By David McDavitt
11:30, Friday night. The oppressive, tropical heat permeates the inky darkness hiding the seething mass of humanity packed into the sprawling club. The heavy air is charged with anticipation, as the drenched crowd cranes to see the preparations on the darkened stage, a brief lull between the swells of African music washing over the audience. The opening act, “Chopteeth” has incited the onlookers with a propulsive set of Afrobeat and Highlife, and now the throng are preparing for full-on dance riot.
Suddenly, the dull glow from the stage bursts into a blinding radiance, as the lights are raised and Congolese ensemble “Konono N°1” takes the stage. Large African agogo bells sound a polyrhythmic call. A cycle of warm buzzing amplified thumb-piano tones is joined by others, forming an interweaving line of syncopated melodies, evoking ancient, sacred, organic soukous. This bubbling, rasping ostinato is accompanied by bush Congo drums, and a homemade iron hi-hat & snare drum. Each enchanting composition drones on for a quarter-hour plus, heightening its effect. Songs melt into each other without breaks in between. Sick lamellophone licks dominate the night. The audience rocks intensely to the pulsing sonic waves, a sweaty, bobbing sea of ecstatic, tranced-out zombies hypnotized by the deep Congo vibrations.
Many visitors to Africa can relate to this experience, but satisfyingly, this scene in fact occurred in Washington DC, at the Black Cat (sans a/c), July 21. Konono N°1 is a band from Kinshasa, Democratic Republic of Congo. Formed by musician and truck-driver Mawangu Mingiedi, in the late 1970’s, Konono N°1 play electrified Zombo (or Bazombo) music. The Zombo live along border of Congo & Angola, and have an economy based upon farming & hunting.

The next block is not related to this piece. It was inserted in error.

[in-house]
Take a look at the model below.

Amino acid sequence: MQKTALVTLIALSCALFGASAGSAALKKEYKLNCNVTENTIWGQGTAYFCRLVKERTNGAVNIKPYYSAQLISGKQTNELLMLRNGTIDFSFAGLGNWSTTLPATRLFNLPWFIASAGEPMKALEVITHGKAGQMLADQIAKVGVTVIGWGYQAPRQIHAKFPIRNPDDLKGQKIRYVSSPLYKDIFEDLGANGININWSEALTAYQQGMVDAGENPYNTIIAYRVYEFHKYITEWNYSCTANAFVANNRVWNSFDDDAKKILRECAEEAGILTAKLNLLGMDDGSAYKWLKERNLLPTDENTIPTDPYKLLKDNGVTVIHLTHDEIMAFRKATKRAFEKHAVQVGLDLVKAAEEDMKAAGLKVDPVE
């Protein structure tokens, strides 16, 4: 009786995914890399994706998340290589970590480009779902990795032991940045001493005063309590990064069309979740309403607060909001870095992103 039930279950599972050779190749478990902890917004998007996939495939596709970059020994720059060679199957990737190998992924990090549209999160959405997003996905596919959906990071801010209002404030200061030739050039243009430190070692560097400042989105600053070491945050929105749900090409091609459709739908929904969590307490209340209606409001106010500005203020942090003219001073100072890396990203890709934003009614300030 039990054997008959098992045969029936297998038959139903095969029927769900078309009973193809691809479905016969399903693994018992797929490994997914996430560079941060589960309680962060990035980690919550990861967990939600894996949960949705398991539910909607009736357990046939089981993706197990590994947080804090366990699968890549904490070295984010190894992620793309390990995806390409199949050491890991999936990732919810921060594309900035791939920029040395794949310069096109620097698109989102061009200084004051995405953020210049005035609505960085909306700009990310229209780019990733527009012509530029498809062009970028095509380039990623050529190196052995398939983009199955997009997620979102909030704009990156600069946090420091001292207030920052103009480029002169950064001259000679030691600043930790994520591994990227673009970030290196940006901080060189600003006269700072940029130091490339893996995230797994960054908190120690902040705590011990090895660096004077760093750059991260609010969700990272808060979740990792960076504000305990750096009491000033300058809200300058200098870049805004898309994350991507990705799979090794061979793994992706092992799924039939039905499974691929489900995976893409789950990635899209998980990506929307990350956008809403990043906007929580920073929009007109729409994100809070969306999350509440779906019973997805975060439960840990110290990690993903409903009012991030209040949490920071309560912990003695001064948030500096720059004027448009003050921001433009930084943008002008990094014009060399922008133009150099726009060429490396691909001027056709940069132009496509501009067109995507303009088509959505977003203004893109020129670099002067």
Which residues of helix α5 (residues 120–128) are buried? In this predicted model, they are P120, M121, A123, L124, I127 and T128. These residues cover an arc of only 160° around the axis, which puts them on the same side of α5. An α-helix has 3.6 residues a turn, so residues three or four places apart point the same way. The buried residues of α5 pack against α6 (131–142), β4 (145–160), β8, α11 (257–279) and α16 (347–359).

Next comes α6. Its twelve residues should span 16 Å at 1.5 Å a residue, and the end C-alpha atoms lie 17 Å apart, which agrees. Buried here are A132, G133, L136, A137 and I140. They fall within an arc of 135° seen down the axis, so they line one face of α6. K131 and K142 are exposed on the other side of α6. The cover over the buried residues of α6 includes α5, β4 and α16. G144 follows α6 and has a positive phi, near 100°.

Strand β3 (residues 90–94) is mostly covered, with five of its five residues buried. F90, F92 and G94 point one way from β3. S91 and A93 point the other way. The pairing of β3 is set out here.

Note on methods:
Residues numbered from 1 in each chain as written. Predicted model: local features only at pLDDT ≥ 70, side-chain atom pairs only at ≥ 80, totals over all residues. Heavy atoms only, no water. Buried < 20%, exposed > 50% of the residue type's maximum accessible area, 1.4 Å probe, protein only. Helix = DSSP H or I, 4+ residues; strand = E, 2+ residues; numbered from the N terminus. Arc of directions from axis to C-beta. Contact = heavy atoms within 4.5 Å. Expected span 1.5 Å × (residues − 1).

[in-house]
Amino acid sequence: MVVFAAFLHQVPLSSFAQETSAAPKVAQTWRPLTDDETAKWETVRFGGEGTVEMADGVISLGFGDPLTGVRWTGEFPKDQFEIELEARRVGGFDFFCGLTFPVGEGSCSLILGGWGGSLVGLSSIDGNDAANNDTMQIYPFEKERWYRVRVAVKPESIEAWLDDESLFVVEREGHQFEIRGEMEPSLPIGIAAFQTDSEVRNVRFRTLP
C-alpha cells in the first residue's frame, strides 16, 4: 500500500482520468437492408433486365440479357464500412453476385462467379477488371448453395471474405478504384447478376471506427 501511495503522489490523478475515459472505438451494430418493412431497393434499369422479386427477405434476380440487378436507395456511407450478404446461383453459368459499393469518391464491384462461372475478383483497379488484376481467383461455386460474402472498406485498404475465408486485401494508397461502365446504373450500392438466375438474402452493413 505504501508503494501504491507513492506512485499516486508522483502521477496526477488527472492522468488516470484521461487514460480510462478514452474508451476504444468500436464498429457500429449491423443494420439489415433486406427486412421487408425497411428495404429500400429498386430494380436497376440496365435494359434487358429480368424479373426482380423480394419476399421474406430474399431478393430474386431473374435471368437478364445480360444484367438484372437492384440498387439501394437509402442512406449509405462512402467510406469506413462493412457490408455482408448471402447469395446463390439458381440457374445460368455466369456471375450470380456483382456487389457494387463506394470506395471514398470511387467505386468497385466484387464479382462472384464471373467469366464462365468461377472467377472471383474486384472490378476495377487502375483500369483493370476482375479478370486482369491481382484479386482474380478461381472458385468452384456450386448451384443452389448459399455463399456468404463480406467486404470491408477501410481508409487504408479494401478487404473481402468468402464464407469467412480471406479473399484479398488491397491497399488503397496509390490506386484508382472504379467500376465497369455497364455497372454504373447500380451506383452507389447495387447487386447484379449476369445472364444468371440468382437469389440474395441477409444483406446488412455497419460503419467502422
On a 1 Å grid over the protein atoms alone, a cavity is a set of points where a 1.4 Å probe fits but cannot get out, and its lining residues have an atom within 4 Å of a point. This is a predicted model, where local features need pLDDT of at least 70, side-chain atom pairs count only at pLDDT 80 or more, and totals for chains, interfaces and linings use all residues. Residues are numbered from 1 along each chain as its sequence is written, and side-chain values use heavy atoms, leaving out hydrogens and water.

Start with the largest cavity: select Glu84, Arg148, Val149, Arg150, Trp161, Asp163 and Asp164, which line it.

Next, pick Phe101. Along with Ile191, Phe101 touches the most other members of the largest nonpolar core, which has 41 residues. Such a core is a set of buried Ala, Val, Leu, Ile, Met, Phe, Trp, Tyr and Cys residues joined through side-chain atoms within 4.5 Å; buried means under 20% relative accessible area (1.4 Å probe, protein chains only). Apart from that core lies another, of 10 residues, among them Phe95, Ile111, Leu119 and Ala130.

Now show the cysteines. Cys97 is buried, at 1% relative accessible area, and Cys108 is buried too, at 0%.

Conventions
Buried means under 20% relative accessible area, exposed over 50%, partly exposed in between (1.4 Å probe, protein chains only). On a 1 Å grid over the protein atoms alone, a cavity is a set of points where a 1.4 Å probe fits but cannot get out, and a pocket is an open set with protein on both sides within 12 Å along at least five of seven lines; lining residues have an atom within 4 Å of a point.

Pressured by years of Belgian occupation, Mingiedi, and some fellow émigrés relocated to the city (Kinshasa). Wanting to maintain & propagate his Zombo music & honor the ancestors, he formed Konono N°1. The foundation of the band’s sound is 3 likembé (or “sanza”) thumb pianos [bass, tenor, and solo/treble]. Sanza (with Congo drums) were traditionally employed by the Zombo to honor and invoke the ancestors.
But there was a problem: it was difficult to hear the traditional likembé on the streets of Kinshasa. Mingiedi’s solution created Konono N°1’s signature sound. Deciding to amplify the thumb pianos, but lacking the money to buy imported equipment, Mingiedi built microphones, pick-ups, and amplifiers out of junkyard scrap (Belgian car radios/alternators), powered the system with car batteries (electricity did not reach Kinshasa’s suburbs), and employed large discarded colonial PA siren-cones “lance-voix” (voice-throwers). To this Konono added traditional drums, police whistles, snare drum, scrap metal hi-hat, & chorus vocals.
This system, while effective, added unintended & inexorable distortion to the sound. While this might vex Western ears, such buzz is actually sought in many African musical contexts (for example the spider egg-sack membranes stretched over holes in balaphone resonators, or the bottle-caps affixed to mbira resonators). Embracing this aberration, Mingiedi cultivated a distorted modern mutant breed of Zombo roots music, that has been erroneously compared to myriad punk and electronica experimental artists.
Konono N°1’s compositions are modal explorations rather than keyed chord progressions. Songs have distinctive bass-guitar-like lines played on the bass likembé (played through a bass amp for touring purposes). The tenor & solo likembé may be likened to distorted finger-picked guitar lines (played through modern guitar amps). The 16th note clave-accented hi-hat & snare drum parts suggest the influence of modern soukous music, while the Congo drums (tam tam) and agogo bells play traditional-sounding melodic rhythms floating between subdivisions of 4 and 6. And the music is amplified LOUDLY! All is played with the impeccable discipline and authority of village elders.
Seek Konono N°1, they deserve your attention. Their live show is a multi-sensory wonder to behold.
• Zaire: Musiques Urbaines a Kinshasa, Ocora 559007 (compil; recorded 1978, released 1987)
• Lubuaku, Terp AS09 (2004)
• Congotronics, Crammed Discs 27 (2005)
• CONGOTRONICS vol. 2 (CD+DVD), Crammed Discs B000E6EJK2 (2006)
- Konono N°1’s homepage- "All About Jazz" article
- Afropop.org review- National Public Viking's blog entry about the concert